argued in support of the Bill. The countervailing duties imposed by the act of the Union, were equal to the internal duties on the imports of spirits from Great Britain into Ireland, and from Ireland into Great Britain—imposing, how-ever, a drawback on the export equal to the countervailing duty. At the Union, the countervailing duty in Ireland was fixed at 3s.7d. per quarter—the drawback was, of course, the same. By the 48th of the king, the duty was raised to 5s. 8d. and the countervailing duty was declared to be also 5s. 8d. The 50th of the king repealed the 48th, and lowered the duty to 3s. 4d. without imposing my countervailing duty. The intercourse being now "pen, the drawback was 3s. 7d. and of course excessive, the duty being only 3s. 4d. A countervailing duty of 3s. 4d. was then introduced. But this drawback, thus reduced to 3s. 4d, the British distiller contended to be still excessive, and demanded a suspension of the spirit trade between the two countries, which would 632 deprive the Irish distiller of his undoubted right of coming into the British market, upon his paying the countervailing duty as existing in Great Britain; and this too, while the British distiller affected to com-plain of his being shutout of a market, not only open to him on fair terms, but which he had never been disposed to resort to. The Irish distiller had, indeed, a strong ground of complaint against the Scots distiller, who went into the Irish market, receiving as a drawback the British and not the Scots duty, two shillings more than he paid, while the Irish spirits came into the Scots market paying the British instead of the Scots duty. When in 1804, the British distiller complained of certain internal advantages under which the Irish distiller came into the British market, the Irish distiller was quickly dispossessed of what it was scarce worth the trouble to deprive him, by the warehousing Bill. This alarm attempted to be excited against the Irish distiller was quite in conformity with the old spirit of monopoly which had so strongly characterised Great Britain in her commercial dealings with all the world, to which Ireland had been for centuries exposed, and under which she had suffered the most cruel persecution. The smallest extension of trade was at all periods with the utmost difficulty, and after the severest struggles, obtained for Ireland. Her internal manufactures were studiously discouraged, a direct trade to any of the colonies or the rest of the world interdicted under the heaviest penalties. It was about 113 years since king William declared to the English House of Commons "I shall do all that lies in me to discourage the woollen manufactures of Ireland." Nay, so late as 1778 the table of the House of Commons was covered with petitions against a miserabe indulgence to Ireland of a direct trade in glass and hardware with the coast of Africa; and at this period, the cities of Glasgow, Liverpool and Manchester carried their magnanimity and patriotism to such a length, as even to threaten rebellion should these indulgences he allowed to Ireland. Even now Great Britain would thankfully receive in her necessity the raw material, the corn from Ireland—while she would illiberally at-tempt to exclude spirit, the manufacture from that raw material! A free trade upon no duties, or equal duties, was the principle of the Union. This principle had been effected with a vengeance as against Ireland; but when she required 633 the same principle to be acted upon as against Scotland, her trade was interdicted, and the Union violated. Admitting, how-ever, that the Irish distiller did reap some advantages from the spirit trade of Ireland with this country, was he therefore to be deprived of the trade itself? If so, would they restore to his country all that she had lost by the degrading and abominable measure of Union? [Here the hon. gent. was interrupted by cries of—Order, order! Chair, chair!]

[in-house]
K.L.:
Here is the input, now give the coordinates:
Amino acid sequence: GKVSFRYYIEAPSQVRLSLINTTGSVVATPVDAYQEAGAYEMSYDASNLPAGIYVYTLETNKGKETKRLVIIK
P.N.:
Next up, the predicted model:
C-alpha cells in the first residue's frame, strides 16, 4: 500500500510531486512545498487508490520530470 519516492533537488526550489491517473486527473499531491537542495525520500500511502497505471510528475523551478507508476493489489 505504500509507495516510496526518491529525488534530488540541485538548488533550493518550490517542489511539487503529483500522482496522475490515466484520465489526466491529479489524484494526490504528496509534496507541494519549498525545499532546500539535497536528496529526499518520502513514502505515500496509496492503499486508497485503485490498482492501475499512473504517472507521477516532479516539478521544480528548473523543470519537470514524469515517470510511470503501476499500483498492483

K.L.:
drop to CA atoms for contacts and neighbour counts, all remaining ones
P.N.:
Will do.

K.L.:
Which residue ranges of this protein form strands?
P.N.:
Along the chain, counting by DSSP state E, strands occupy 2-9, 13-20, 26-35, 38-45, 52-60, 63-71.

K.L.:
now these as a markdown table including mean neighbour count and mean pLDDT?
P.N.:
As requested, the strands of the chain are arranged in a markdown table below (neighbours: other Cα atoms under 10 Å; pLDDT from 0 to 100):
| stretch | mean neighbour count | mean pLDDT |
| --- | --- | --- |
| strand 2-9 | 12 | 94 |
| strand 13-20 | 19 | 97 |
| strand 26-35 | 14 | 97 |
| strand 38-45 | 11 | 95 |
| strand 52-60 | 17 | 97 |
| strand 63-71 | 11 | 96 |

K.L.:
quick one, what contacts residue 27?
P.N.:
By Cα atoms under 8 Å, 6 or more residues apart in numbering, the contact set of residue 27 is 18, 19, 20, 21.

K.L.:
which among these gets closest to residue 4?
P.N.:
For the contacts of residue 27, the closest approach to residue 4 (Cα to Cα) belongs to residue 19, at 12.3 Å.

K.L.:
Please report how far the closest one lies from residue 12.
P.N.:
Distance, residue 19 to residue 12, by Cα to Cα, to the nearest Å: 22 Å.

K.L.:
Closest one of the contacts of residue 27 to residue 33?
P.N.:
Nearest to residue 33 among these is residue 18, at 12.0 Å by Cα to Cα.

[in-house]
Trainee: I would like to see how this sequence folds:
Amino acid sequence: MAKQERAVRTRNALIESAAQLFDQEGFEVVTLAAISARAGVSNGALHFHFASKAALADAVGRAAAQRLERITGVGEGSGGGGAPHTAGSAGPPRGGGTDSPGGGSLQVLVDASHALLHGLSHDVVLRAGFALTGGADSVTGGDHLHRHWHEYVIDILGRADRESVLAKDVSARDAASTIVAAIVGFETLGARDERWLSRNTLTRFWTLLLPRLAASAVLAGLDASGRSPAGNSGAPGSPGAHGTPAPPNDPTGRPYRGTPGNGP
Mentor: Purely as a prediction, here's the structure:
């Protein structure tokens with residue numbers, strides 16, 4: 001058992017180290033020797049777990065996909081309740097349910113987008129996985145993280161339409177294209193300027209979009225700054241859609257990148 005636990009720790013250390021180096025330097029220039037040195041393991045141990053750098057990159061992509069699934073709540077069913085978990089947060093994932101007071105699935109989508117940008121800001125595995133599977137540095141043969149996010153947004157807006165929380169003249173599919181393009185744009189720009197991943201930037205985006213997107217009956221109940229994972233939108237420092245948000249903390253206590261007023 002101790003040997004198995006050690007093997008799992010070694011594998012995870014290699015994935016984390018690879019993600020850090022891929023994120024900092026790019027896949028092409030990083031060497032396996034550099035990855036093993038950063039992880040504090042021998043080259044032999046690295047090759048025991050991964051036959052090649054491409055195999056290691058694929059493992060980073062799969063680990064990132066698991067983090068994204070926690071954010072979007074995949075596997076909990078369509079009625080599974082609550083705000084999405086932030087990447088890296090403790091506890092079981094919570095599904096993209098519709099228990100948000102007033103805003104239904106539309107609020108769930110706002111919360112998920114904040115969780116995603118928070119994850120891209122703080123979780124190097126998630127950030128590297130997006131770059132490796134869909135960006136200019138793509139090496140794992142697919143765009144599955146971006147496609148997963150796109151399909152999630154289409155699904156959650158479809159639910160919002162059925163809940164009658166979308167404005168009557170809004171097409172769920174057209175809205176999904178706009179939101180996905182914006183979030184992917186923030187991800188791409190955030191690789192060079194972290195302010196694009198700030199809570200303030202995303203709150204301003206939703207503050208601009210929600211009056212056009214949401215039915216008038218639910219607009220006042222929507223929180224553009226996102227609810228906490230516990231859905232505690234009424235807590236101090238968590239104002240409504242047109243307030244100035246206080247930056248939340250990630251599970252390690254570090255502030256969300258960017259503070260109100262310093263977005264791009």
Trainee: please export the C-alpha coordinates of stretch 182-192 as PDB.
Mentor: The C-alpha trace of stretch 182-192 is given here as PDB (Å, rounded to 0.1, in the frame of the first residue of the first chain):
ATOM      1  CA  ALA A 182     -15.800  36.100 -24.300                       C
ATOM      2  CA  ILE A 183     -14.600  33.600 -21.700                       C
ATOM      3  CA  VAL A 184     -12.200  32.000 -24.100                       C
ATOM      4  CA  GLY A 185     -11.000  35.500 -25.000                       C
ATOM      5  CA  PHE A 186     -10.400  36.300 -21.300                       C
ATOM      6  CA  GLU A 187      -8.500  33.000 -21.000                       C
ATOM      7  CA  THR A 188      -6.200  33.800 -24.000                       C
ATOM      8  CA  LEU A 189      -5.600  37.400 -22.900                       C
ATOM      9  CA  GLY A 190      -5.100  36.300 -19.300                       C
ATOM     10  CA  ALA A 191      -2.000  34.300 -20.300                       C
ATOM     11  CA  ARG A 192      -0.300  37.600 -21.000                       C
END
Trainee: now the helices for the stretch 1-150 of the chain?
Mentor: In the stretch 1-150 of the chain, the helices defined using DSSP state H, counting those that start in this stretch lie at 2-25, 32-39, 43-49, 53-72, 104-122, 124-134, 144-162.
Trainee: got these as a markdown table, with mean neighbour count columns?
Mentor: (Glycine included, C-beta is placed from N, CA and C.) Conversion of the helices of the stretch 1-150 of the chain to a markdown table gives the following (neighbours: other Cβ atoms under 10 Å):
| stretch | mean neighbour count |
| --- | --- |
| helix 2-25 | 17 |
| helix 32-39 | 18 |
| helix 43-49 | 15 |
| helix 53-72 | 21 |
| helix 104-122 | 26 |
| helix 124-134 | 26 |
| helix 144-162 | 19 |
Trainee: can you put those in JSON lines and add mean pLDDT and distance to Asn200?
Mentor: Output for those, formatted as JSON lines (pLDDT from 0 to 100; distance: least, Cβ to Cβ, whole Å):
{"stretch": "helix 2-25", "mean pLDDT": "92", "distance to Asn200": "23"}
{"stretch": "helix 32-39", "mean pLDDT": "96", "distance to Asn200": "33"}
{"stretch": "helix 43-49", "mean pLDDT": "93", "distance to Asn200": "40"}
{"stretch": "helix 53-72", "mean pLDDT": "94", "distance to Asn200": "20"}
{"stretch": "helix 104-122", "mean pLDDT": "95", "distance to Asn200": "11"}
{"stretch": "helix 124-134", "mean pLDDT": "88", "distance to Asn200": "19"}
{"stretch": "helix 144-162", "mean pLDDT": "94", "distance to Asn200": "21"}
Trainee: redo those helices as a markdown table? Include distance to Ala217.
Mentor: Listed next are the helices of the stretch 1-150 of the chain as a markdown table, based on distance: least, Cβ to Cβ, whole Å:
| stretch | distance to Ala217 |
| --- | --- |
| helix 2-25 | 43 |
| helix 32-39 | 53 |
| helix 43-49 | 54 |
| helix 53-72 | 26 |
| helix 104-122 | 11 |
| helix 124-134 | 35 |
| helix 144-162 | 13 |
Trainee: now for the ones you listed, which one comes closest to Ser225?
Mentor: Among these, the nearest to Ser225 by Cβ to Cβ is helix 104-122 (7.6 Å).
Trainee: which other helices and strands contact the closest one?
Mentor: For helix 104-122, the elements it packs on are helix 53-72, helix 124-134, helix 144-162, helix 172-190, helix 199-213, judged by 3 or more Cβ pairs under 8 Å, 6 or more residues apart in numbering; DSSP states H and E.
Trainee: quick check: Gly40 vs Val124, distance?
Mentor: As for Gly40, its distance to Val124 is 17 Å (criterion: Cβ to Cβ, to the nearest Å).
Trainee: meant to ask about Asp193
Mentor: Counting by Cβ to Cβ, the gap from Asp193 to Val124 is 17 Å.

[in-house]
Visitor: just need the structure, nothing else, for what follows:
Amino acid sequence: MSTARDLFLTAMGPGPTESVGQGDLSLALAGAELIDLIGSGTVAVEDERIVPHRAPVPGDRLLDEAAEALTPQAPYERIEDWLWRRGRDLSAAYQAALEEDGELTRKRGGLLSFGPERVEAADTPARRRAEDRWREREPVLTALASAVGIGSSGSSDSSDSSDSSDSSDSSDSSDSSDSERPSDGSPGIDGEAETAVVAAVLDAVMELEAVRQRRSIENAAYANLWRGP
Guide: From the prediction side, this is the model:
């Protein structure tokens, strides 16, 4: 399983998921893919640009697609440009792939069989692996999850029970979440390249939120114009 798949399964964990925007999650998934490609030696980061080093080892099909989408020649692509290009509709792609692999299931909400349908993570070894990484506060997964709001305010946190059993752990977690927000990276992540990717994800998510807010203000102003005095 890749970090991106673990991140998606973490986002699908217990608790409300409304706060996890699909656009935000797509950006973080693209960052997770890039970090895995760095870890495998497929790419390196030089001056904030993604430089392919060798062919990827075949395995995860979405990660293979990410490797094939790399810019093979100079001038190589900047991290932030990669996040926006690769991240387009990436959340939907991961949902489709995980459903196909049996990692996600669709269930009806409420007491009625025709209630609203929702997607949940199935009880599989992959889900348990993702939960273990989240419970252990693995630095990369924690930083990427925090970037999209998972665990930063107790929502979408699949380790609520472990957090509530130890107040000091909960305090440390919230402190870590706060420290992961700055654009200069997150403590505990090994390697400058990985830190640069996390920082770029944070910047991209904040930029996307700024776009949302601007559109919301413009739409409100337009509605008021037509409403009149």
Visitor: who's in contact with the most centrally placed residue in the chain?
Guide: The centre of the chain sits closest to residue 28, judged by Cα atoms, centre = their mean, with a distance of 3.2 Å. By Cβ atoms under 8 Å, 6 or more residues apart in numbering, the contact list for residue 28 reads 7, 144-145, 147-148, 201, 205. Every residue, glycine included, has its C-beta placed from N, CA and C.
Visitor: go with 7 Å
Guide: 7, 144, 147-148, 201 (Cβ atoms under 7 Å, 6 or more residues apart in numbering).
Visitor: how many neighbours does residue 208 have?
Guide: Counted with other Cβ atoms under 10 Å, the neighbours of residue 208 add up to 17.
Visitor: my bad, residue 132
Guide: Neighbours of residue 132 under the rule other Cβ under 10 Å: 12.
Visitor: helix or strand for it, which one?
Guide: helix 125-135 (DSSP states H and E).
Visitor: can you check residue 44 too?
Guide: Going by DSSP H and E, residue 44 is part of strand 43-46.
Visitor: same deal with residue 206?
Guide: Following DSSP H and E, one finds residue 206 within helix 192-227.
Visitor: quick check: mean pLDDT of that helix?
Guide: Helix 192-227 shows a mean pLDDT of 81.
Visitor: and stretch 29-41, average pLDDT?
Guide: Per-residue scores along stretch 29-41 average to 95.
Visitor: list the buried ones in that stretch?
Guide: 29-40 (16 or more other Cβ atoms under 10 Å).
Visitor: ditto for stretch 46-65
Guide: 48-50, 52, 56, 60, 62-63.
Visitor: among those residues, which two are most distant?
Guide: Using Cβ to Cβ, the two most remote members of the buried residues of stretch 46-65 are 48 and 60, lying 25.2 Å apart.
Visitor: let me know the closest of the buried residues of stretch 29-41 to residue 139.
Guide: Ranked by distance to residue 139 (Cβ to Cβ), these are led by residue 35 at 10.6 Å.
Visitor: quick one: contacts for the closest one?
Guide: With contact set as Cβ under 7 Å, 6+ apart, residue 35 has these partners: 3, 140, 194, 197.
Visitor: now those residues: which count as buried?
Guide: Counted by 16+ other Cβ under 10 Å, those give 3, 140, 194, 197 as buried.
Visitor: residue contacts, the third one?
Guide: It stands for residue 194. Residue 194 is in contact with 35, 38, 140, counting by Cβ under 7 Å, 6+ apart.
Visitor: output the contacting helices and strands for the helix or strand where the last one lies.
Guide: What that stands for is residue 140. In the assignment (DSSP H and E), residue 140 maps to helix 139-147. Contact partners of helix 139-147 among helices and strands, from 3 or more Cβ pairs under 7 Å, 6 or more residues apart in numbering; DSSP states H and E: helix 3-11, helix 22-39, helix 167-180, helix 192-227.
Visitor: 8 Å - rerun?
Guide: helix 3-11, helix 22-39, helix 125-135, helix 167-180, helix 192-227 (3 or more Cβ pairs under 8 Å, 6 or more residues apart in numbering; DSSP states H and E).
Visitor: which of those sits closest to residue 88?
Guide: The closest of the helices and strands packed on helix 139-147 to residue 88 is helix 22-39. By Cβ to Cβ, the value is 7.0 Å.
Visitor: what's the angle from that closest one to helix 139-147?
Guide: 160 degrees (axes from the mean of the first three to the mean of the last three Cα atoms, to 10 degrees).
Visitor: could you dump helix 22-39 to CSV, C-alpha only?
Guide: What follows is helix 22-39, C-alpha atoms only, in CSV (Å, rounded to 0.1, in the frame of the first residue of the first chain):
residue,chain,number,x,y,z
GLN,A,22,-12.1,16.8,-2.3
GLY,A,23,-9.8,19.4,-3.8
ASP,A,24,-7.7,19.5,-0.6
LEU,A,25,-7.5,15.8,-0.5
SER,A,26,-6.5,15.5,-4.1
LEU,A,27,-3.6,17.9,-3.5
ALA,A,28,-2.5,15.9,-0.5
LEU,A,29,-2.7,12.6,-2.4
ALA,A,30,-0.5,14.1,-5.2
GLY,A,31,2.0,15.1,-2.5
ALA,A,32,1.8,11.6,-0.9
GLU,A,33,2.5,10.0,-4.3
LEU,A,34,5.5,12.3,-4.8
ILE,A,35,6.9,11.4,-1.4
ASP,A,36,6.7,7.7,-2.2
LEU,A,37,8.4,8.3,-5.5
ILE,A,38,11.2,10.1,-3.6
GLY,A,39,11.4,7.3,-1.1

§ The Speaker
. The hon. member will do well to recollect, that such is not the language which it becomes this House to hear, or him to use, in speaking of a grave and solemn act of Parliament.
Sir, I trust I am incapable of using language unworthy this place or myself. In saying what I have said, I have obeyed the dictate of feelings of which I am not ashamed; and while I know them to be just, I know not why I am to suffer the expression of them to be dictated to me. [Here the cries of—Order, order! Chair, chair! became louder and more general.]
§ The Speaker
. The hon. member will be pleased to see the necessity of conforming to the usages of this House, in the expression of his opinions.
. To conform to the "sages of this House I am in every way disposed; but my first right as a member of it is, what I shall never willingly re-sign—(Order, order!)—If privilege of speech be not the right of every member of this House, I know not what is—I have always thought it to be the right of every member of this House, what he feels honestly, to declare boldly—my feelings with respect to that measure of Union, have been strong and uniform. When it was first proposed, I foresaw in it danger to this country, in the danger, the degradation, and the ruin of my own—and as a common friend to both, I resisted it by every means within my power; and am I now to be denied the melancholy privilege of deploring the humiliating state to which that measure has reduced my country, by making her a party in effecting her national extinction? Am I to be denied the right of complaining that she has been tricked out of her independence by promises which have been all violated, and hopes which have been all blasted? It, however, after all this it be the secret determination to rob her gradually of the very few advantages, and those too of par- 634 tial operation, to which under even such an act she may be entitled, why then let but gentlemen avow this, and let the Union be dissolved.
§ The House then divided: